NSAIDs May Help Slow Basal Cell Carcinoma Development

In mice and human studies, celecoxib found to retard the rate of increase of skin BCCs

FRIDAY, Jan. 15 (HealthDay News) -- The nonsteroidal anti-inflammatory drug (NSAID) celecoxib (Celebrex) effectively inhibits the development of skin basal cell carcinoma (BCC) in highly susceptible patients compared to placebo, according to a study in the January issue of Cancer Prevention Research.

Jean Y. Tang, M.D., of the Children's Hospital Oakland Research Institute in California, and colleagues first quantified BCCs in mice genetically altered to lack or overexpress the cyclooxygenase enzymes COX1 and COX2, which play a role in carcinogenesis. The researchers then assessed the effect of celecoxib for inhibiting COX2 expression in mice. Finally, in a human study, the researchers randomized 60 subjects with skin BCC to treatment with either 200 mg twice daily oral celecoxib or placebo.

The researchers found that, in mice, genetic deletion of COX1 or COX2 reduced the BCC burden by 75 percent, while NSAID treatment reduced the burden by 35 percent. In the human study overall, subjects on placebo had a 37 percent increased BCC burden per year compared to 26 percent for celecoxib. In patients with less severe disease, those who received placebo had a 50 percent increase in BCC per year compared to a 20 percent increase among those who received celecoxib.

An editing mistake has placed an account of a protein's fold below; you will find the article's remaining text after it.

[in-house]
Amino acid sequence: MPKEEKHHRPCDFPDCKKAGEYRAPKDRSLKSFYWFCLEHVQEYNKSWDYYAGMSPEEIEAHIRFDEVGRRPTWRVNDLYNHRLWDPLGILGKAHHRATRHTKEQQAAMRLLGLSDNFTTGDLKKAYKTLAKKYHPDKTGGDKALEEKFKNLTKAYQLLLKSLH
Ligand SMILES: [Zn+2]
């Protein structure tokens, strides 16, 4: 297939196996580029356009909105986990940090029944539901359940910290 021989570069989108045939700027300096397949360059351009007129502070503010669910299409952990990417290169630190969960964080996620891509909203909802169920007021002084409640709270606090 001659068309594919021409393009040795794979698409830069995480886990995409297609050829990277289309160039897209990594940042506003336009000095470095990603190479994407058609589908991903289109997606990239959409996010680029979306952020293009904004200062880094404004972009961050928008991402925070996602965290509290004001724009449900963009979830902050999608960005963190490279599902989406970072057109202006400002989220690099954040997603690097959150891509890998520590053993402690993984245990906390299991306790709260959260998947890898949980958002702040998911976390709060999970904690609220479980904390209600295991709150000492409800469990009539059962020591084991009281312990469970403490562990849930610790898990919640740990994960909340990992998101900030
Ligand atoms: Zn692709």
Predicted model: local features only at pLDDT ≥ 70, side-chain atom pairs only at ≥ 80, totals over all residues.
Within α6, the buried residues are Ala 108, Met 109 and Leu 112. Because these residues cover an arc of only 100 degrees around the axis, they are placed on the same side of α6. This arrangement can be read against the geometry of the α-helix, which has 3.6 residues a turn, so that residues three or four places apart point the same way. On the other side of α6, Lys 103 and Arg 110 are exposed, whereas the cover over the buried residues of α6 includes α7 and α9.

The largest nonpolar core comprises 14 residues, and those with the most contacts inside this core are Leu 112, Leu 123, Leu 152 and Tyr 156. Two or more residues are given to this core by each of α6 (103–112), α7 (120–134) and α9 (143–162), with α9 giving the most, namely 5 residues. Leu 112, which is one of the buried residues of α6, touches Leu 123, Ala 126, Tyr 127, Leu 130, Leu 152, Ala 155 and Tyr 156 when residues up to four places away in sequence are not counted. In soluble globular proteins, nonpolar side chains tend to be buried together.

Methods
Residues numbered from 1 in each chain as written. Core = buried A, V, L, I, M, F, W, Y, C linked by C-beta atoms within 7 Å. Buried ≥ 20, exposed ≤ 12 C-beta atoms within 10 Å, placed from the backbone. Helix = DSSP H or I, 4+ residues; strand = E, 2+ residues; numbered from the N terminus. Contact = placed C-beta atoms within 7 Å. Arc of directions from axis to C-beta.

"We have found that NSAID inhibition may indeed have some anti-BCC chemopreventive efficacy, but the potential cardiovascular risks associated with celecoxib would seem to preclude its widespread use. Instead, topical NSAIDs potentially might be effective chemopreventive agents against squamous cell carcinomas and BCCs but with fewer cardiovascular risks," the authors write.

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Jeff Muise

Jeff Muise

Published on January 15, 2010

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